His voice was compassionate, but strong and forceful. It was evident, He meant business. "Eve. Have you eaten from the tree I warned you not to touch or eat from?"

God got neither a "yes" or a "no," only the run-around. "Lu, the serpent, deceived me and I ate the fruit."

Knowing he would be called anyway to account for himself, the serpent presented himself close by, received God’s scathing curse, and slithered in the opposite direction of Eve’s vengeful eyes.

And then God addressed Eve: "I am a person of my word and the consequence of failing to follow my command regarding the center-of-the-garden tree was clear right from the start. Eve, I hate to do it, but the choice was yours. We had a wonderful thing going and many great times I will treasure: walking through the garden, talking during the cool of the evening. But Eve, you must bear responsibility for your transgression. My pronouncement of death is as follows….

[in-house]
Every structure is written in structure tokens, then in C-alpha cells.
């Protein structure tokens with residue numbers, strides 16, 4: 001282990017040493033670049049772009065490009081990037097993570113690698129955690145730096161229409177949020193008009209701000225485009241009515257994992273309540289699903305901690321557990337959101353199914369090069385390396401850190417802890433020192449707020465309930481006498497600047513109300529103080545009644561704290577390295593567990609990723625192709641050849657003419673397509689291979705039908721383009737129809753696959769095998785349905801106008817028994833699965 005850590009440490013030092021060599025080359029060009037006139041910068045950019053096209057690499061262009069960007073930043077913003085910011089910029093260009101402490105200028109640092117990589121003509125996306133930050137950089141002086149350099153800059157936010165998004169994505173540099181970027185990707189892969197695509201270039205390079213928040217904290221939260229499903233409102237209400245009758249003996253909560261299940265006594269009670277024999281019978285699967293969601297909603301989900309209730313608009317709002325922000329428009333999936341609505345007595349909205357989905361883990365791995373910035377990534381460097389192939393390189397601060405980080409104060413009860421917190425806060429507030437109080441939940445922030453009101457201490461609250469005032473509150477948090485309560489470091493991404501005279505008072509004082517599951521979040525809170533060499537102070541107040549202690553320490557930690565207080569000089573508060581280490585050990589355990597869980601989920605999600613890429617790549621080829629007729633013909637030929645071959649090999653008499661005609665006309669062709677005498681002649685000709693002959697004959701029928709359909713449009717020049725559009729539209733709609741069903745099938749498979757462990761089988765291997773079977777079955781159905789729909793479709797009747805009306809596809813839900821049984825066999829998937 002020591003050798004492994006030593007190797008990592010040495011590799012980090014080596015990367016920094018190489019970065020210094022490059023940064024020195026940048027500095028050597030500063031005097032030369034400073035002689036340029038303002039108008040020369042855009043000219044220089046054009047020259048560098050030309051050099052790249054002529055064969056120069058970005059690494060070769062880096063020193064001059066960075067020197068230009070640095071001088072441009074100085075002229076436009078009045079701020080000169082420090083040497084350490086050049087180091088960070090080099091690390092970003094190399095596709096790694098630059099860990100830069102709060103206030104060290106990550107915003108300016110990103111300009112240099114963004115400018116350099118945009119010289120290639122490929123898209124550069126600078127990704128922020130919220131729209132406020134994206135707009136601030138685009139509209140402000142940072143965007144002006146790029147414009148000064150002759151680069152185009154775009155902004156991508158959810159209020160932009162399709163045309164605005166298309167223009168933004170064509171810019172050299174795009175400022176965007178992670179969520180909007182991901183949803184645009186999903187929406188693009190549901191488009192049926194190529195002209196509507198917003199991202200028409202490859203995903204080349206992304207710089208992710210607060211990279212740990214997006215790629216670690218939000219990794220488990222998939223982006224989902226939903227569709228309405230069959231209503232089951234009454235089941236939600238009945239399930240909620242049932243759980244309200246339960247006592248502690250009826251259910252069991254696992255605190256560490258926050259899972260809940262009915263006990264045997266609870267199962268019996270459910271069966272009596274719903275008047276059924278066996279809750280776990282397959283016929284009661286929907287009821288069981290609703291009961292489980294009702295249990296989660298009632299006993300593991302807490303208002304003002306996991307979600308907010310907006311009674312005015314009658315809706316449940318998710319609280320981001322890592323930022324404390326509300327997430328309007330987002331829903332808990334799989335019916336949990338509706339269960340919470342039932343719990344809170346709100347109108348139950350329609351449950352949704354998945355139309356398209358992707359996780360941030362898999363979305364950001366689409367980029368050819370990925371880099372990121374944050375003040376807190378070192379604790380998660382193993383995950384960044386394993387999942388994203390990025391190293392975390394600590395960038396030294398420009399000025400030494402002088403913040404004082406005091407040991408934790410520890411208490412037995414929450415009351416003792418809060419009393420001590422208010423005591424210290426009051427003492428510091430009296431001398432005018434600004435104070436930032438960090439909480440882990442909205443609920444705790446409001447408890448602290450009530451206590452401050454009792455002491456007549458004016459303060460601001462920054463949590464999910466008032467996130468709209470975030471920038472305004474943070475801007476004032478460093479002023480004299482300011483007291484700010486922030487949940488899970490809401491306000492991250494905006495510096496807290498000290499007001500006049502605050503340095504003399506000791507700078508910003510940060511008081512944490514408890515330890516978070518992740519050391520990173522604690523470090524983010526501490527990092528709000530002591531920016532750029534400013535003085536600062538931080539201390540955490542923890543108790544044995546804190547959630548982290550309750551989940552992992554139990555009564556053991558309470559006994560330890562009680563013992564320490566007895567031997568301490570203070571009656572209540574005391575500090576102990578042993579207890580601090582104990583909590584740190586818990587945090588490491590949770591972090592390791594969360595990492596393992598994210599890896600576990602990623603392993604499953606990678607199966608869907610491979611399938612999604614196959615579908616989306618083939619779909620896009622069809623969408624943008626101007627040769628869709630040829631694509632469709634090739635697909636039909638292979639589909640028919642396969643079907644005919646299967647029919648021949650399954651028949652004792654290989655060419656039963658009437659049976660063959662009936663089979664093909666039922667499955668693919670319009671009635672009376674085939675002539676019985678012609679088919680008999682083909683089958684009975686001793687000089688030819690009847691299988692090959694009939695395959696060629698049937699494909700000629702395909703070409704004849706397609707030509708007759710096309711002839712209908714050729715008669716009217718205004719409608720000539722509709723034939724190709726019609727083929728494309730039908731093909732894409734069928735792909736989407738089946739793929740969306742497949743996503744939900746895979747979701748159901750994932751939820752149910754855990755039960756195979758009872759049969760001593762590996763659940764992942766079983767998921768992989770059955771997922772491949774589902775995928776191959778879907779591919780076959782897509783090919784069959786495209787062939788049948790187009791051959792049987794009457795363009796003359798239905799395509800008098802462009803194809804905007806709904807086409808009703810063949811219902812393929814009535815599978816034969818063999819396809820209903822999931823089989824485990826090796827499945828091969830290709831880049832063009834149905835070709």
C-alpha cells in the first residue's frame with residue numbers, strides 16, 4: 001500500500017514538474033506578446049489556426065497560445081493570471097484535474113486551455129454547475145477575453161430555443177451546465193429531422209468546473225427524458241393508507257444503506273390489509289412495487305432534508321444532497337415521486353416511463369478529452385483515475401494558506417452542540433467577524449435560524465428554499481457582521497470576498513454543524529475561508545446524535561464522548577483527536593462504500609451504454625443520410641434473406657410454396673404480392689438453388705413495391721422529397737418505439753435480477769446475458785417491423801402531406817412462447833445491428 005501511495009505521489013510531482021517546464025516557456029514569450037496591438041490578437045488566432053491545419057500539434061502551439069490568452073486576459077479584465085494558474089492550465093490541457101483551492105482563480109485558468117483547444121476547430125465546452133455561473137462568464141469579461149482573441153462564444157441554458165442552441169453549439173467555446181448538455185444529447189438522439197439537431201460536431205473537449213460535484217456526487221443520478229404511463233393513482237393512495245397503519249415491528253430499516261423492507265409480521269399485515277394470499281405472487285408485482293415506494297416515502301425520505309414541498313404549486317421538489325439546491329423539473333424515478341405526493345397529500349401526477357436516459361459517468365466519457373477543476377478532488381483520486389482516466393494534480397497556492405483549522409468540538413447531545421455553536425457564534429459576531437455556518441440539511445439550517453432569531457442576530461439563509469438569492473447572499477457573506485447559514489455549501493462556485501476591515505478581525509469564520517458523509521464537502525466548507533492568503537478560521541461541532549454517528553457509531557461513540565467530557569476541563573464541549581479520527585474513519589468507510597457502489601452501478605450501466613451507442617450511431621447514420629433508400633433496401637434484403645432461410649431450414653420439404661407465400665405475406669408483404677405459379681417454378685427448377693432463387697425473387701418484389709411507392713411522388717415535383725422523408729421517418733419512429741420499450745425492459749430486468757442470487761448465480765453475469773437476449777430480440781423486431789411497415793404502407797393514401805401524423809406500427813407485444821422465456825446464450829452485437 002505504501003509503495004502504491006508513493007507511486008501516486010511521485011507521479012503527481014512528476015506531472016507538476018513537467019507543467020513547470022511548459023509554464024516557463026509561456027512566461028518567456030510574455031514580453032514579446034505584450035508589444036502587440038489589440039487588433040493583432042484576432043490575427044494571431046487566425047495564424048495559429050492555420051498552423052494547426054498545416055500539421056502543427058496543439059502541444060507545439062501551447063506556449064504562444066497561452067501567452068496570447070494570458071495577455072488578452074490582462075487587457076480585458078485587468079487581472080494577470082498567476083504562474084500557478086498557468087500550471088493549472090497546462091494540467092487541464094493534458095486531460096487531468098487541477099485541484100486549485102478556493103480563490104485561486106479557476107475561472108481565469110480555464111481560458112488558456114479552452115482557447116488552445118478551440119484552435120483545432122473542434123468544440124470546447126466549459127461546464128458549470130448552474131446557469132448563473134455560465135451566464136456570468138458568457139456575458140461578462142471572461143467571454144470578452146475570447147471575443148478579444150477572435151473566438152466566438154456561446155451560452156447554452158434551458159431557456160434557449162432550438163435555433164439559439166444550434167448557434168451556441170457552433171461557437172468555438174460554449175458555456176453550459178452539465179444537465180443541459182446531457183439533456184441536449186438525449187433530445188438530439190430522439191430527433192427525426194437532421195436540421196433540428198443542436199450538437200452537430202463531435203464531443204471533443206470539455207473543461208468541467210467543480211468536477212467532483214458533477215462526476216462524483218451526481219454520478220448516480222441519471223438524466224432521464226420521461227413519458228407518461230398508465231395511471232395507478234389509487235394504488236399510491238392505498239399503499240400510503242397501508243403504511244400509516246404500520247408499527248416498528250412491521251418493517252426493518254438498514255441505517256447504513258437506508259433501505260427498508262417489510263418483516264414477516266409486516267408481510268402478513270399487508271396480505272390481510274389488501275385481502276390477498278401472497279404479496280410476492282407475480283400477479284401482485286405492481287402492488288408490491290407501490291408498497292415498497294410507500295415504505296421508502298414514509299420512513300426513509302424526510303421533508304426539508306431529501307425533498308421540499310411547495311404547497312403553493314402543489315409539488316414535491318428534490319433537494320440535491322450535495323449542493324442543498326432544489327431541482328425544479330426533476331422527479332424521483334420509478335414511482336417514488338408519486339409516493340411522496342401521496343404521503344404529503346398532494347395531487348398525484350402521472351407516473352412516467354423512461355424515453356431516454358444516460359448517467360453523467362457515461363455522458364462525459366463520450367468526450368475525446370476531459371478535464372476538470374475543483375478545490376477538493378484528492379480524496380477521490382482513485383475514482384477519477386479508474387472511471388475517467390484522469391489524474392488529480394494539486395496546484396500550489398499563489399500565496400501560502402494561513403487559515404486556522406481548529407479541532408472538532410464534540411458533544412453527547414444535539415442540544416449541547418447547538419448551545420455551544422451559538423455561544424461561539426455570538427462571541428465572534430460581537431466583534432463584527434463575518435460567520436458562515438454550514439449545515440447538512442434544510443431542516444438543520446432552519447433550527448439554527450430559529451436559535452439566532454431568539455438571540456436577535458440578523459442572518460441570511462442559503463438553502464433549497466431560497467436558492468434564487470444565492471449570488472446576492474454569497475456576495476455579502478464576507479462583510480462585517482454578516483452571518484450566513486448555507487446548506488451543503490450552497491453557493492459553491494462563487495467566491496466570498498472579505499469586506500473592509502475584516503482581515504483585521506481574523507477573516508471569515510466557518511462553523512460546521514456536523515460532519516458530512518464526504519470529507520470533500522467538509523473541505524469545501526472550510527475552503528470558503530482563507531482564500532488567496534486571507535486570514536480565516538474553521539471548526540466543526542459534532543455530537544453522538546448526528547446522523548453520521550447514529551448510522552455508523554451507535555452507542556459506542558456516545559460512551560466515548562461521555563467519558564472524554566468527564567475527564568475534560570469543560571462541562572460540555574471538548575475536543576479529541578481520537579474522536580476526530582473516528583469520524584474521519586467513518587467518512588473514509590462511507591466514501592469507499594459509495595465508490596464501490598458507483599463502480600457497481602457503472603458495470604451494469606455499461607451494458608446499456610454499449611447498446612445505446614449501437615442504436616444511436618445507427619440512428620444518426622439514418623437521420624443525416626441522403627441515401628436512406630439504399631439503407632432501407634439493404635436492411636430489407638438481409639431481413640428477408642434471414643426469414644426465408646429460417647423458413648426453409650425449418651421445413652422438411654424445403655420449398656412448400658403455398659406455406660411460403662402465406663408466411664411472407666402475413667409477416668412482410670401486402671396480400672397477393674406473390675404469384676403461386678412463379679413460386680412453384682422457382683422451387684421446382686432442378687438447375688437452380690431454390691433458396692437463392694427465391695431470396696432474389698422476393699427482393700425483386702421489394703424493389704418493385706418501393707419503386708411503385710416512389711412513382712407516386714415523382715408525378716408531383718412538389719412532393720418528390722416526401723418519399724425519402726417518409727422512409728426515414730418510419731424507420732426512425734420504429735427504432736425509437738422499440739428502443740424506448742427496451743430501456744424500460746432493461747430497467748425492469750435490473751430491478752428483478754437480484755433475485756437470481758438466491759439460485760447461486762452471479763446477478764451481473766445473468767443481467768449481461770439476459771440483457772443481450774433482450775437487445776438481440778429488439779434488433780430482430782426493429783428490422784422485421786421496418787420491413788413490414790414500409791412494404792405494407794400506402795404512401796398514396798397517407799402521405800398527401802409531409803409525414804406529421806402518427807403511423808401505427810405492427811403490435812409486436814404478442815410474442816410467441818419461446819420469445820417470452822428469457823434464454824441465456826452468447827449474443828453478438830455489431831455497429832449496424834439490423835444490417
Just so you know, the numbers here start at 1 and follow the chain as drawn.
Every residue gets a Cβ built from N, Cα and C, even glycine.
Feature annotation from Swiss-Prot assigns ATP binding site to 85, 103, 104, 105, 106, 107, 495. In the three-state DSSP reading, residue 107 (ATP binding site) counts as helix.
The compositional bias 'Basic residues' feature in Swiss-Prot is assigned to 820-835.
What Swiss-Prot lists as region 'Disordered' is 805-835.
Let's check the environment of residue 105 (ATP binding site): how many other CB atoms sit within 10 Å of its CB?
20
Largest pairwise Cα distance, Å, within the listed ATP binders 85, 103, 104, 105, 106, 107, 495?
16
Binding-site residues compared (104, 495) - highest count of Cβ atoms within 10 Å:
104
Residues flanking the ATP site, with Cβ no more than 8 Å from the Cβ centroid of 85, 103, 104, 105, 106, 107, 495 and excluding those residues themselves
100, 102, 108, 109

But as God was taking in a deep breath to make the dreaded declaration, Adam touched his Father’s arm forcefully enough to gain eye contact with His Maker as He turned toward the touch of the man. Adam stood up straight and set his jaw, squared his shoulders and spoke deliberately. "Father, I will readily submit to Your will in this situation, but if it would be suitable to You, I would like to take Eve’s place. Please Father, let me die in her stead so she may live and walk with You in the garden during the cool of the evening. I offer myself as her redemption."

And if you are like me, this feels more like the way the story should have ended instead of with the curses that conclude the way it actually occurred. Somewhere in chapters two and three of Genesis, Adam had an opportunity to become a vehicle of redemption for his wife; to protect her and provide for her; to act as a warrior by laying down his life so she could live. But instead he ate the fruit along with her, he acted without honor, he caved in when his wife was at her greatest point of need, and so came to an ignominious end and passed along to men the shame of his failure.